After another lazy morning, my day only really got interesting in the afternoon when I set out to explore Patiala’s old town. I used the compass in my watch to maintain a southern bearing as I navigated my way through the maze of narrow lanes. When I thought I’d walked enough, I started asking locals as to the whereabouts of the Qila Mubarak, aka The Fort. It turned out I’d come to within a few hundred metres of it. The fort was first built out of mud in 1763 by Baba Ala Singh, who founded the Patiala dynasty and became its first Maharaja. I walked around the outside of the structure, which has more recently been constructed out of bricks, before heading further south to Baba Ala Singh’s tomb, which is located through the crumbing ruins of what is still a spectacular gateway. Three guys were hanging out in an ‘office’ just through the gateway and one of them let me into the grounds of the three-storey tomb. I walked a lap around the bottom and then climbed onto the second story where I walked another lap. It’s in a bit of disrepair but it’s not hard to imagine the grandeur of the place.
I was taking a long route home when a guy stopped next to me on a scooter and said, ‘Australian, do you remember me?’ He was a big Sikh man who I recognised from two days ago, when he had pulled up alongside me on his scooter as I was approaching Patiala on the bike. Back then, he had asked me my name, where I was from and if I needed any help. I said I was fine and he rode on. ‘Come to my shop’, Gurcharan now said. I jumped on the back of his scooter and was taken to the business he runs with his father and two brothers. They make and sell air conditioners, metal storage cabinets and metal trunks. I sat and chatted to Gurcharan and his father for a while and was treated to a fresh lime drink. When asked if I had seen the Sheesh Mahal (another palace that once belonged to Patiala’s king), my negative response was an invitation for another ride on the scooter. Security at the palace initially had a problem with the fact I was carrying my video camera but Gurcharan called his friend who was some kind of authority figure and we were promptly let in without any issues. After exploring the grounds of the palace, we went to the Gurudwara Shri Moti Bagh Sahib, through which I was escorted by Gurcharan. Before we entered, we had to remove our shoes, I had to don a scarf to cover my head (Gurcharan had his turban) and we had to walk through a shallow pool to cleanse our feet. Inside, locals were praying while a couple of musicians and a singer performed. From there we visited a fabric shop belonging to a friend of Gurcharan’s. I was treated to a sweet lassi while they caught up on the latest gossip. Next we stopped in at Gurcharan’s home for a cold drink, before returning to his shop. There, I met Gurcharan’s youngest son, who was on the back of Gurcharan’s scooter when we first met. I hadn’t noticed then that his son, who is eleven years old, was blind.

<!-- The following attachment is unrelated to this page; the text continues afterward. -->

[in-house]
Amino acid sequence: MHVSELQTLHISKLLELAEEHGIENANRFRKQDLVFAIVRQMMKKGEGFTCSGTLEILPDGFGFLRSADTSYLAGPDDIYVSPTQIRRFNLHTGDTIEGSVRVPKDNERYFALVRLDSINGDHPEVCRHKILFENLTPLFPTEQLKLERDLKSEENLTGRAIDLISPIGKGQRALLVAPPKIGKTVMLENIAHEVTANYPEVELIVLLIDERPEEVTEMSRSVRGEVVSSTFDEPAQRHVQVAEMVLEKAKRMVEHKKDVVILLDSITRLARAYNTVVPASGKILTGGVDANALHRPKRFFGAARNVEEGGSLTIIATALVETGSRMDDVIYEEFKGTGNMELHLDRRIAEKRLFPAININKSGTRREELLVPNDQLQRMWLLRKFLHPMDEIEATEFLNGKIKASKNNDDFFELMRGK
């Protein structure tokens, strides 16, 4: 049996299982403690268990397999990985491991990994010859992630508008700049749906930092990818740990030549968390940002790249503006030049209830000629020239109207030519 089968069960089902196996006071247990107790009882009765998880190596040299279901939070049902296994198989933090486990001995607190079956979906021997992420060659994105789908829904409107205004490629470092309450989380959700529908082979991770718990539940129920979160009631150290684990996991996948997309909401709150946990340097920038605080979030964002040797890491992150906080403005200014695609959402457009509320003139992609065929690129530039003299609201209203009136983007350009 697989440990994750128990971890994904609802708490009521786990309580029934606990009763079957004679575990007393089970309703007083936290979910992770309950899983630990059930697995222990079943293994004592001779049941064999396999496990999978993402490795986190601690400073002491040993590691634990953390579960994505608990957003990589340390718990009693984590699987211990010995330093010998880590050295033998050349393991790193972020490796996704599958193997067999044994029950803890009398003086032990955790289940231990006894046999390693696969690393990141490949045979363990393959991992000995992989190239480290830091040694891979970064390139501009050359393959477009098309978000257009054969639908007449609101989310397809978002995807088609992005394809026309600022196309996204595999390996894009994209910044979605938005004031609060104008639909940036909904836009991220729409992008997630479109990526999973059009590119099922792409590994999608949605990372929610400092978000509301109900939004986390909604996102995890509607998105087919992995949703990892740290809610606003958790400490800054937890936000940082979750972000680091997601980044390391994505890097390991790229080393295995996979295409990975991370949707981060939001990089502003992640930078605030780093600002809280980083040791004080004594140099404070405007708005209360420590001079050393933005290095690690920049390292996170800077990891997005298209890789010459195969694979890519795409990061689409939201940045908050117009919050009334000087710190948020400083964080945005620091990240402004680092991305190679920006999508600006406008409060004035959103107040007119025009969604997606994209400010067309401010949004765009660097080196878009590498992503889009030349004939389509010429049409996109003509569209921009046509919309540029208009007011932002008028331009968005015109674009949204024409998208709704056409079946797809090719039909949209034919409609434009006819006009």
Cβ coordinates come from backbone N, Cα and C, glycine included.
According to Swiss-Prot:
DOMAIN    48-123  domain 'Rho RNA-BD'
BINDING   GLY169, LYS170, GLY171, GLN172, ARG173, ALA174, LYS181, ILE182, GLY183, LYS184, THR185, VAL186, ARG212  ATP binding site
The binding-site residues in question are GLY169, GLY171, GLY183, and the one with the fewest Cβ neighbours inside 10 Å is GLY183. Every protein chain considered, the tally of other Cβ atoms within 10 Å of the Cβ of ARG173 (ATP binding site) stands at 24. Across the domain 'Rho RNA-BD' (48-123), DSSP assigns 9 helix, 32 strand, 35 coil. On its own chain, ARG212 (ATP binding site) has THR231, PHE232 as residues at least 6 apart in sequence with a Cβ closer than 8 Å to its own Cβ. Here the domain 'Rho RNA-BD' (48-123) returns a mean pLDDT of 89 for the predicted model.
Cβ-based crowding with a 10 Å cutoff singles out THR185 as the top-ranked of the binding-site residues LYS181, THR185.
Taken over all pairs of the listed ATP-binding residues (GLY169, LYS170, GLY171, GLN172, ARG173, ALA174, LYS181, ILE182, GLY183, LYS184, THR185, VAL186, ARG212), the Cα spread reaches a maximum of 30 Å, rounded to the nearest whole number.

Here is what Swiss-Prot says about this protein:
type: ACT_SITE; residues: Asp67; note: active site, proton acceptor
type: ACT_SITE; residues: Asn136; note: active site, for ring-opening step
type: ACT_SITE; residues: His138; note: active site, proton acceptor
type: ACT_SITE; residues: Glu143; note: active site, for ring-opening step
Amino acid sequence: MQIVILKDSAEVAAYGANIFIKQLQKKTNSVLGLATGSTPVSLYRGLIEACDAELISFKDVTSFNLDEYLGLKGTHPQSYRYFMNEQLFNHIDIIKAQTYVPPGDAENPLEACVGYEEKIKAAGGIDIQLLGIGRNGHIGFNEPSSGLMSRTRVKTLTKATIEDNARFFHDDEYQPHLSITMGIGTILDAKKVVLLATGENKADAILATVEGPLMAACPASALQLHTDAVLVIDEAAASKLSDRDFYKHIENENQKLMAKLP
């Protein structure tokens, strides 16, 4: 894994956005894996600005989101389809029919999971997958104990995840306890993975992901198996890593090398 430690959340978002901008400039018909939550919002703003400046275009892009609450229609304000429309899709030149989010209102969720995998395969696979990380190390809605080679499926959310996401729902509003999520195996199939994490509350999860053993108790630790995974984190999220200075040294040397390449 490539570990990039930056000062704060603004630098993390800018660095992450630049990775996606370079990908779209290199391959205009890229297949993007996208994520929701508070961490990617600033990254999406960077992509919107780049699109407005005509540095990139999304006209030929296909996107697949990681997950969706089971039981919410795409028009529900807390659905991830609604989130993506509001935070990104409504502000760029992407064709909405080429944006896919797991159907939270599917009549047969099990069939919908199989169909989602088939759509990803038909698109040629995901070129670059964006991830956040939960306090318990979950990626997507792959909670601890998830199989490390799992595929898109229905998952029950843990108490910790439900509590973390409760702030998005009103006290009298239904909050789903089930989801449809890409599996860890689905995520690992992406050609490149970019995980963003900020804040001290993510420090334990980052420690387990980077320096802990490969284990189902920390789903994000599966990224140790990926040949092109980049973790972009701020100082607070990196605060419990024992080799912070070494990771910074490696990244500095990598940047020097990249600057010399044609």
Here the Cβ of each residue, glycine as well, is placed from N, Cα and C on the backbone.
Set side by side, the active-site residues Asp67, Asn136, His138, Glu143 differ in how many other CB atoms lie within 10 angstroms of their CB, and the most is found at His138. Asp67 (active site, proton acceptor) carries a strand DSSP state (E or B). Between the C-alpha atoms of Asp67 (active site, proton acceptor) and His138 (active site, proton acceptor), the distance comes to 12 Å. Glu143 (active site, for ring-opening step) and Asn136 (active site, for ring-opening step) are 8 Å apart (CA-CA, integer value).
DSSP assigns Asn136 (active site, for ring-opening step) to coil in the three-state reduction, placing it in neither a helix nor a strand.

While Gurcharan worked, I hung out with his son and had a really nice time interacting with him, mostly through touch – he enjoyed taking my watch off and putting it back on, and we managed teach each other how to count in our respective languages using our fingers. It actually got me thinking I could enjoy working with blind kids for a job. Later in the evening Gurcharan’s older son, a 27-year-old free spirit, rocked up with a roar on his Royal Enfield Bullet. He asked me if I wanted a ride so I jumped on the back and started praying hard as we hurtled through the streets at breakneck speed. It was just on the thrilling side of recklessness. Any faster and I would seriously have not enjoyed the risk to my life. We returned to the shop and I waited patiently while the place closed up for the night. Then I joined Gurcharan back at his house for dinner with his wife and youngest son. The food was delicious and it was a very special experience being able to share it in the home of such lovely people. Gurcharan had repeatedly suggested I could stay the night, and I had repeatedly, and regrettably, declined, explaining that I needed to get away early in the morning to continue my journey. It’s a shame I hadn’t bumped into him yesterday. We took a bunch of photos before I found myself back on the Royal Enfield getting taking home to my hotel. It is now 11.40pm, which fills me with dread, as I know that being tired on the bike tomorrow is not going to be fun. No matter what time I get to bed, I still need to get up at 5am so I can make decent progress before the midday heats stops me in my tracks.
|Distance ridden today||0km|
|Total distance ridden||18,186km|